19. Anonymous
    March 15, 2009 • 4:31 pm

    About Promasa, that is masa harina. Row

  20. Raz4125
    March 16, 2009 • 12:49 am

    Hi Row,

    Thanks for visiting. Yes, it is a type of masa harina that we use in Trinidad and have come to trust, when it comes to making pastelle. If you check the comments though, some people used different brands of masa and had to experiment a little with measurements.

  21. Ali
    December 8, 2010 • 3:11 am

    Hey! thanks so much for the recipe!I’m going to try it next week or so and I’m just wondering is it absolutely necessary to grind the meat? I’m a poor student in London and don’t have a grinder:S only a fairly simple blender

  22. Felix
    December 8, 2010 • 9:15 pm

    Use what you have :-)

  23. Ali
    December 9, 2010 • 9:47 pm

    Thanks Feliz:) I had the same problem as Online though. My dough mixture was too soggy and I had to add more flour to bind it. Then after I steamed it and tried one, the dough was ok but still too soft and not looking as firm and shiny like the award winning pastelles in the picture above:( :(

  24. Felix
    December 10, 2010 • 12:19 am

    If you can’t get the Promasa you may have to experiment a bit like some of the other comments also check how much butter you use. if you added more flour then you would have to adjust the butter and other ingredients.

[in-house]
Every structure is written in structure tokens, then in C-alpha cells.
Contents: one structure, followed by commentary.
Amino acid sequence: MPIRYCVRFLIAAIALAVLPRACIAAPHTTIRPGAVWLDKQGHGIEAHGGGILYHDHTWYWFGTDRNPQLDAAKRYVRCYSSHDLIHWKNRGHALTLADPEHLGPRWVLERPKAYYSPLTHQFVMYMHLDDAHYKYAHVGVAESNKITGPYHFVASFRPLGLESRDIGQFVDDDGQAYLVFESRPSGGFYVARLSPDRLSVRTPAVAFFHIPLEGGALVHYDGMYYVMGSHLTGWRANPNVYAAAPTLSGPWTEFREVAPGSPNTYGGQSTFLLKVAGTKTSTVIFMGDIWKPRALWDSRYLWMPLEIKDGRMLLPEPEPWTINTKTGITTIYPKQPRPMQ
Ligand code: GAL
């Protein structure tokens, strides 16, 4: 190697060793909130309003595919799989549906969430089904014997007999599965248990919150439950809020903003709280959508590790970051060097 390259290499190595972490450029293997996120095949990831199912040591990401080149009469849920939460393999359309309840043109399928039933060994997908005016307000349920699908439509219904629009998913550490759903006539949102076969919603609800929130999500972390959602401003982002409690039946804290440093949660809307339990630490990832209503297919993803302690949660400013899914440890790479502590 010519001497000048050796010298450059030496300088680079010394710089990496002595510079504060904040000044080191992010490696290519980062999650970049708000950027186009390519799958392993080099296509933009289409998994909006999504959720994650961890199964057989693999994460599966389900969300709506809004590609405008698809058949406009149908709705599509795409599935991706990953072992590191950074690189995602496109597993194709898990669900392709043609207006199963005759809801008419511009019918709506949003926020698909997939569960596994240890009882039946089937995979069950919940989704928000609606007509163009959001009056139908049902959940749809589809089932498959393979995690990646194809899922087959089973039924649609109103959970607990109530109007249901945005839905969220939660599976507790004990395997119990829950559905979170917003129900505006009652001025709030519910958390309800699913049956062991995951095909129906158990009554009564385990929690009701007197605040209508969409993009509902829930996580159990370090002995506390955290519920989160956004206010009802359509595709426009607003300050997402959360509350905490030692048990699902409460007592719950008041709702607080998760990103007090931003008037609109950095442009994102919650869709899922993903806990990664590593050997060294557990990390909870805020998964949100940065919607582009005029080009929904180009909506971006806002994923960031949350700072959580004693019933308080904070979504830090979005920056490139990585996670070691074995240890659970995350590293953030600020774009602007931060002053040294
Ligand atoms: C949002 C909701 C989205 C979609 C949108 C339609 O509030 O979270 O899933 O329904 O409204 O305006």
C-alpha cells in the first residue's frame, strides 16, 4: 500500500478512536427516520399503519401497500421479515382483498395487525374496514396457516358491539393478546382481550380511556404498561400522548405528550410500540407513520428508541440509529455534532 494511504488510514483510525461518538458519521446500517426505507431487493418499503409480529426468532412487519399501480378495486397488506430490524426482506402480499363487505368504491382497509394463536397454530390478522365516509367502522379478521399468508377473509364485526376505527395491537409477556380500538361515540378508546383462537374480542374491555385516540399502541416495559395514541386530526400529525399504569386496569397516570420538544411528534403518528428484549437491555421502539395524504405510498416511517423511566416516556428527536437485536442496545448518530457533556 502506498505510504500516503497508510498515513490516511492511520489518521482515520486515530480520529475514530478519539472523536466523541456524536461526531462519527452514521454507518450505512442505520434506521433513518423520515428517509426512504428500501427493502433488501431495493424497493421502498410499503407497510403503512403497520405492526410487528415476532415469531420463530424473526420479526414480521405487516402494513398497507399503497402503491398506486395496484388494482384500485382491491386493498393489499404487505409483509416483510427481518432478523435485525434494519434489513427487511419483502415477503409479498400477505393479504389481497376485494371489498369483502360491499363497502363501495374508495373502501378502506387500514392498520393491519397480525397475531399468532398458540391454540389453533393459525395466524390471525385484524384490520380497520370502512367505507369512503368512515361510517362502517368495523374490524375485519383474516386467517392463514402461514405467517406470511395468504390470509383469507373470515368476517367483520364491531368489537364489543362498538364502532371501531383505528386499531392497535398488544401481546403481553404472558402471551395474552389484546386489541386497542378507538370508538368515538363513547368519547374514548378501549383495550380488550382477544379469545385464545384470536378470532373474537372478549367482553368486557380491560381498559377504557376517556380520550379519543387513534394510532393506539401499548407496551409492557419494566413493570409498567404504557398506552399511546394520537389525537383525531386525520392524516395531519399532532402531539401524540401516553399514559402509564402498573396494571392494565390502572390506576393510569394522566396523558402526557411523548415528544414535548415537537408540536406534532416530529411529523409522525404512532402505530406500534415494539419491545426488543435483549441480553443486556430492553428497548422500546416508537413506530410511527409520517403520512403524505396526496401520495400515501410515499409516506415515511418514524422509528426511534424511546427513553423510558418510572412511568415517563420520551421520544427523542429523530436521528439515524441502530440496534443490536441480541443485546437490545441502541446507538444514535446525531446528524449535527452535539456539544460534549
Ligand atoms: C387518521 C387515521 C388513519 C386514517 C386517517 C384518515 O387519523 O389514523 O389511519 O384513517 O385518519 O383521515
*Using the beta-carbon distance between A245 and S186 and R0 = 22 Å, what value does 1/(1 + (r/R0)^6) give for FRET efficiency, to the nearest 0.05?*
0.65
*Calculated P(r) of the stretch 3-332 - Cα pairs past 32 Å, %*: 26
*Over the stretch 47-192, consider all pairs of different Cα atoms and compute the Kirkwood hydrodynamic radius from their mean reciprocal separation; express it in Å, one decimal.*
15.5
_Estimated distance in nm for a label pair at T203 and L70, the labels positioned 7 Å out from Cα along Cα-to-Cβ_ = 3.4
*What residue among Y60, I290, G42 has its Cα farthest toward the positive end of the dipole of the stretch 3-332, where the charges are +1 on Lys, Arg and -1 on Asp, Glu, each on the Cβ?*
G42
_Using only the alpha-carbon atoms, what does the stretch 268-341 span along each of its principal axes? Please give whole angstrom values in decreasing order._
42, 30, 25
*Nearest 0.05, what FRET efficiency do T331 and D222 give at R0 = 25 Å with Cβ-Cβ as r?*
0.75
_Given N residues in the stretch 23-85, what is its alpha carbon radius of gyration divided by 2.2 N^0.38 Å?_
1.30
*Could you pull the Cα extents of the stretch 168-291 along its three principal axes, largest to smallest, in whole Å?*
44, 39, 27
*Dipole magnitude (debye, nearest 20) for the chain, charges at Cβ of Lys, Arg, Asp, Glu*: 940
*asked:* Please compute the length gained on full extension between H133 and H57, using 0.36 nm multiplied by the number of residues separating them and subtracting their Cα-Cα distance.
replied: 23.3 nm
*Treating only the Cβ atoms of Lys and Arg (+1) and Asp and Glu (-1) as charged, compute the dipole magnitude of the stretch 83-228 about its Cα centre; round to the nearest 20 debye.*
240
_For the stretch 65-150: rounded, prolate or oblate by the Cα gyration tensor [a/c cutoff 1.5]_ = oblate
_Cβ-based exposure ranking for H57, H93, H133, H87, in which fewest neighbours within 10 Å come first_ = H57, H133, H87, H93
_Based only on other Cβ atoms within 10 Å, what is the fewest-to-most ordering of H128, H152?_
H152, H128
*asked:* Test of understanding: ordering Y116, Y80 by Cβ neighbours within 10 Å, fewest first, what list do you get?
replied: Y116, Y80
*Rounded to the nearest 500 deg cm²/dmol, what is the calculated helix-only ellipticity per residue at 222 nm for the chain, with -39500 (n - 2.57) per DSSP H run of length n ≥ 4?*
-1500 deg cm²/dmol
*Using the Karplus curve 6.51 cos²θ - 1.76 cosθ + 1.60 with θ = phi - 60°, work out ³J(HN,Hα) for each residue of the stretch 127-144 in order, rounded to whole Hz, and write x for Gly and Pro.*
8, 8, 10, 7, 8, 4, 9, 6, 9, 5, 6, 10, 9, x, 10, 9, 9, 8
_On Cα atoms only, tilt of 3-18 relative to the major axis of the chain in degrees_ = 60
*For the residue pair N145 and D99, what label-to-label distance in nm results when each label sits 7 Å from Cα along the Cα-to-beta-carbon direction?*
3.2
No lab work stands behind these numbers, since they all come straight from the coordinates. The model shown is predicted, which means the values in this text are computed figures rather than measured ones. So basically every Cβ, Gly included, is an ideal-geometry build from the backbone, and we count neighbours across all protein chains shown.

Hope you get through with your pastelle. :-)

  25. leoa
    December 21, 2011 • 6:29 am

    oh boy, I tried using pollenta because I can’t get corn meal flour here…soggy is joke. I’ll keep you posted, leeting the mix cool in the fridge overnight. d

  26. judy
    December 29, 2011 • 5:40 am

    You could use masa flour that the mexican uses to make tamales. There tamales is close to our pastelle, you can find it in any major food stores and mexican stores. In the food store you can purchase it for $2.99 U.S. for a 4lb bag this is in the U.S. and the leaves you can also find it in Walmart in the frozen section In the Asian stores and Indian stores and also mexican stores I have seen it in all the above stores. Happy shopping Judy